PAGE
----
The Tragic Aftermath of Mustard Gas Experiments in World War II
An NPR investigation is looking for victims of the U.S. military tests
During World War II, the U.S. military conducted secret chemical weapons experiments on approximately 4,000 American soldiers. Though the program was declassified in 1993, an ongoing investigation by NPR's Caitlin Dickerson has revealed that the Department of Veteran Affairs only located and offered compensation to 610 victims.
Now, NPR had released its own comprehensive, searchable database of the 3,900 veterans who were exposed to mustard gas and other chemical weapons, in an attempt to track down uncompensated survivors and their families.
Though chemical weapons have been used in warfare for at least 1,700 years, mustard gas is a modern invention. It first went into large-scale production during World War I. Depending on how the weapon is deployed, it can cause intense skin irritation, large fluid-filled blisters, bleeding and blistering in the respiratory system. Severe mustard agent burns are fatal, and those who recover face a chronic breathing problems higher risk of cancer.
In her NPR report last June, Dickerson explained the scope of the problem:
All of the World War II experiments with mustard gas were done in secret and weren't recorded on the subjects' official military records. Most do not have proof of what they went through. They received no follow-up health care or monitoring of any kind. And they were sworn to secrecy about the tests under threat of dishonorable discharge and military prison time, leaving some unable to receive adequate medical treatment for their injuries, because they couldn't tell doctors what happened to them.
"It felt like you were on fire," Rollins Edwards, now 93, told her. As an Army soldier, Edwards was exposed to chemical agents while standing inside a wooden gas chamber. "Guys started screaming and hollering and trying to break out. And then some of the guys fainted. And finally they opened the door and let us out, and the guys were just, they were in bad shape," he said.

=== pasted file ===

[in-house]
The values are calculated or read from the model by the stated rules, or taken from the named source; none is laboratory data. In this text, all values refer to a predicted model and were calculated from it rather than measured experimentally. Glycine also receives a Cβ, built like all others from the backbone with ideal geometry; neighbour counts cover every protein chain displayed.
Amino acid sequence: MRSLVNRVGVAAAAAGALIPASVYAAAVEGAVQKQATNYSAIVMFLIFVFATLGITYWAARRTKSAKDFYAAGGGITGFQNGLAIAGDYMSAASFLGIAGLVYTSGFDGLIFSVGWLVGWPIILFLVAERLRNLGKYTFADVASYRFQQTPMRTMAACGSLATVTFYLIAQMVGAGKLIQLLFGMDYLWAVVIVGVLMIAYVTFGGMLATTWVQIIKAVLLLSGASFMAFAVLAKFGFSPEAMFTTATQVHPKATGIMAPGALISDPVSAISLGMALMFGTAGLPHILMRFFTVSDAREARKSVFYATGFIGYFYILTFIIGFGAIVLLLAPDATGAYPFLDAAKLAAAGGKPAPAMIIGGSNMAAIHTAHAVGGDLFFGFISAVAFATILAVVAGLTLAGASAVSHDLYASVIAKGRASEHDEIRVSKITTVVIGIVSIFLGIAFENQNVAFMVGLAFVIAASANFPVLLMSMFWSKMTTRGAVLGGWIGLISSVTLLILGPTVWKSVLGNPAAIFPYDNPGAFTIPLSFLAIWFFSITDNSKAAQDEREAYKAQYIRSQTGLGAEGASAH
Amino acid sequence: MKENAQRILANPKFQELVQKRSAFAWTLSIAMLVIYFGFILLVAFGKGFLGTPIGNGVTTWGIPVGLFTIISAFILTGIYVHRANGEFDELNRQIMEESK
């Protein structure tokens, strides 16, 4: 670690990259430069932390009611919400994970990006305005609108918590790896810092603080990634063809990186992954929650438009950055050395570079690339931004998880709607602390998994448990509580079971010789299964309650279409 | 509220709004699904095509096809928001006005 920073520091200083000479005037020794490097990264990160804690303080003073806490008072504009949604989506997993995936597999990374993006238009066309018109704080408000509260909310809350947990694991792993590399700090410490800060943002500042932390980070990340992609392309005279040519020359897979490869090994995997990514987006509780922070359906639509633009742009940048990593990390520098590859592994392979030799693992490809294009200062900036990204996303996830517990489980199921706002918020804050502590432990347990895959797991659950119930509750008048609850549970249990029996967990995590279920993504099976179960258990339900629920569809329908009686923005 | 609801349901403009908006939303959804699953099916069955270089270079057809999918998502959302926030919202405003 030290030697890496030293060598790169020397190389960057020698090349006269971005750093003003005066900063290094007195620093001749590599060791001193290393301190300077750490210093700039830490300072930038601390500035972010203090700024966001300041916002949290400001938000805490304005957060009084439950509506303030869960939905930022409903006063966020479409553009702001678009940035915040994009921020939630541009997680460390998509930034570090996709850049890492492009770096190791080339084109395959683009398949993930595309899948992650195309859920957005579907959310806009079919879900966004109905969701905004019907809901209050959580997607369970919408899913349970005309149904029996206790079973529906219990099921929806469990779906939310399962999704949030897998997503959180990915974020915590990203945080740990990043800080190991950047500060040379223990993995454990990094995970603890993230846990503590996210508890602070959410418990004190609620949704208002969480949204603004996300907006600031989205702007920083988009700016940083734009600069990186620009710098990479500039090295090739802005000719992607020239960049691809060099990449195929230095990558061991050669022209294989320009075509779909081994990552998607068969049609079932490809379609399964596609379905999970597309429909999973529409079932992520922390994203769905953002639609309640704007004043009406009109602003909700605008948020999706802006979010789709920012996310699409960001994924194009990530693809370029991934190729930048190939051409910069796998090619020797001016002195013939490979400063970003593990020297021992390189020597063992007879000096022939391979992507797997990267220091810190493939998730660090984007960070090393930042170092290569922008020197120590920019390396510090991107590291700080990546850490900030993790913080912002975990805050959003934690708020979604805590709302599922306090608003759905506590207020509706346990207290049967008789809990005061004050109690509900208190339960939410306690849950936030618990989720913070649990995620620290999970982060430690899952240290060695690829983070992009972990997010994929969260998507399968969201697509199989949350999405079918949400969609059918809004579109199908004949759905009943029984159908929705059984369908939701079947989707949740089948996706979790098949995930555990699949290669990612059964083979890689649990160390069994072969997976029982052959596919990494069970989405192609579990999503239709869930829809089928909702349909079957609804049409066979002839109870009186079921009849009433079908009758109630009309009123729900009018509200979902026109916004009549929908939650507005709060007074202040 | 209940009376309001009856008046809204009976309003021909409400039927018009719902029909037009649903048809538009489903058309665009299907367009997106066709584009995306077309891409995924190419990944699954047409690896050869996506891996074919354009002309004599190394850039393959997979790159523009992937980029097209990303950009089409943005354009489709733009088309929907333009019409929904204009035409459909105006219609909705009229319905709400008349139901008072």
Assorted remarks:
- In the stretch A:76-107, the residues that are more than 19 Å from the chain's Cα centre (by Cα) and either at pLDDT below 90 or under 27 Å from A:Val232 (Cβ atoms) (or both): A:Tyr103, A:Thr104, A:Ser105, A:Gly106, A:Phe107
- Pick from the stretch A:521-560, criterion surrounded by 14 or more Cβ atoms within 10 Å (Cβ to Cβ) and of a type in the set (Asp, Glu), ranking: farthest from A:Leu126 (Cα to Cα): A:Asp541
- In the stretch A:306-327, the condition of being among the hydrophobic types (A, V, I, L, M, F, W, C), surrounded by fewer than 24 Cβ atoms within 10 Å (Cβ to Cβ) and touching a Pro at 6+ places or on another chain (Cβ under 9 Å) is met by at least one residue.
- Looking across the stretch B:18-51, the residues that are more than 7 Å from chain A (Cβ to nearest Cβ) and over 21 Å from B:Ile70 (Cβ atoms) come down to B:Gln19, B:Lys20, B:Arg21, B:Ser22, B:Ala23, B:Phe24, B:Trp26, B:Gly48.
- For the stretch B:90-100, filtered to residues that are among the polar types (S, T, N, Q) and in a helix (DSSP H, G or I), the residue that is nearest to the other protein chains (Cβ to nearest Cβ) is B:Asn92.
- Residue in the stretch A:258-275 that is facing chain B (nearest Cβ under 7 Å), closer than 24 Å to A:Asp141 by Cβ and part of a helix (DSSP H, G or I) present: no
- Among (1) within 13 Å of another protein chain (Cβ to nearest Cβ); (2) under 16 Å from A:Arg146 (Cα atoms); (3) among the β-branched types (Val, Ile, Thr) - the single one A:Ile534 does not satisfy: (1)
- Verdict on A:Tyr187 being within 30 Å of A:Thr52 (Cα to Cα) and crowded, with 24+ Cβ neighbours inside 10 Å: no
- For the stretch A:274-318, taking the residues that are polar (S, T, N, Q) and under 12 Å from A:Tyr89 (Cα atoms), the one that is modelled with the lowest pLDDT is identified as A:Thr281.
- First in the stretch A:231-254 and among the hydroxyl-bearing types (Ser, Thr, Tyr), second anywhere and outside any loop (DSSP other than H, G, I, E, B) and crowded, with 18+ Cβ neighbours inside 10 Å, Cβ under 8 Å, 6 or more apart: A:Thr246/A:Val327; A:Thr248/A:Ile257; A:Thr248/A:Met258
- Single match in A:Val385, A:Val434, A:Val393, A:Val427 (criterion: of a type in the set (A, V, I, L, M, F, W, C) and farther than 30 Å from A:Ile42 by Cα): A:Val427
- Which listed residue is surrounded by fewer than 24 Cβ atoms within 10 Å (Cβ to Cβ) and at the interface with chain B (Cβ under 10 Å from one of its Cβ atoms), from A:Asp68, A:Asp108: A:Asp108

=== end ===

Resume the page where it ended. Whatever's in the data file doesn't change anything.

The WWII experiments, which were conducted in Panama, were meant to determine how chemical weapons performed in tropical island climates. The military was searching for the "ideal chemical soldier" to resist potential attacks, according to medical historian Susan Smith. Experiments were often based on race. Black and Puerto Rican troops were specifically exposed to see how their skin would react. "They said we were being tested to see what effect these gases would have on black skins," Edwards tells Dickerson. Japanese Americans were also tested, as proxies for Japanese troops.
Though the tests themselves are shocking and outrageous, the follow-up to the experiments—or lack thereof—was what ultimately provoked lawmakers to demand restitution for the veterans and their families. The VA has recognized that injured veterans deserve benefits, and NPR's investigation aims to find more eligible victims with its database, which lists the names, last known residences, birth dates, enlistments and military branches where the veterans served.
Those veterans suffered from skin problems, respiratory issues and cancer for decades—and now, some don't trust the VA. When Dickerson interviewed Harry Bollinger, a Navy recruit who participated in the mustard gas tests, he explained how the VA refused to acknowledge his participation in the experiments, citing regulations and a lack of records. After years of rejection letters, when the agency finally recognized that he was exposed to mustard gas, he no longer wanted to go back for his benefits. "I was disgusted already," Bollinger tells Dickerson. "What's the use?"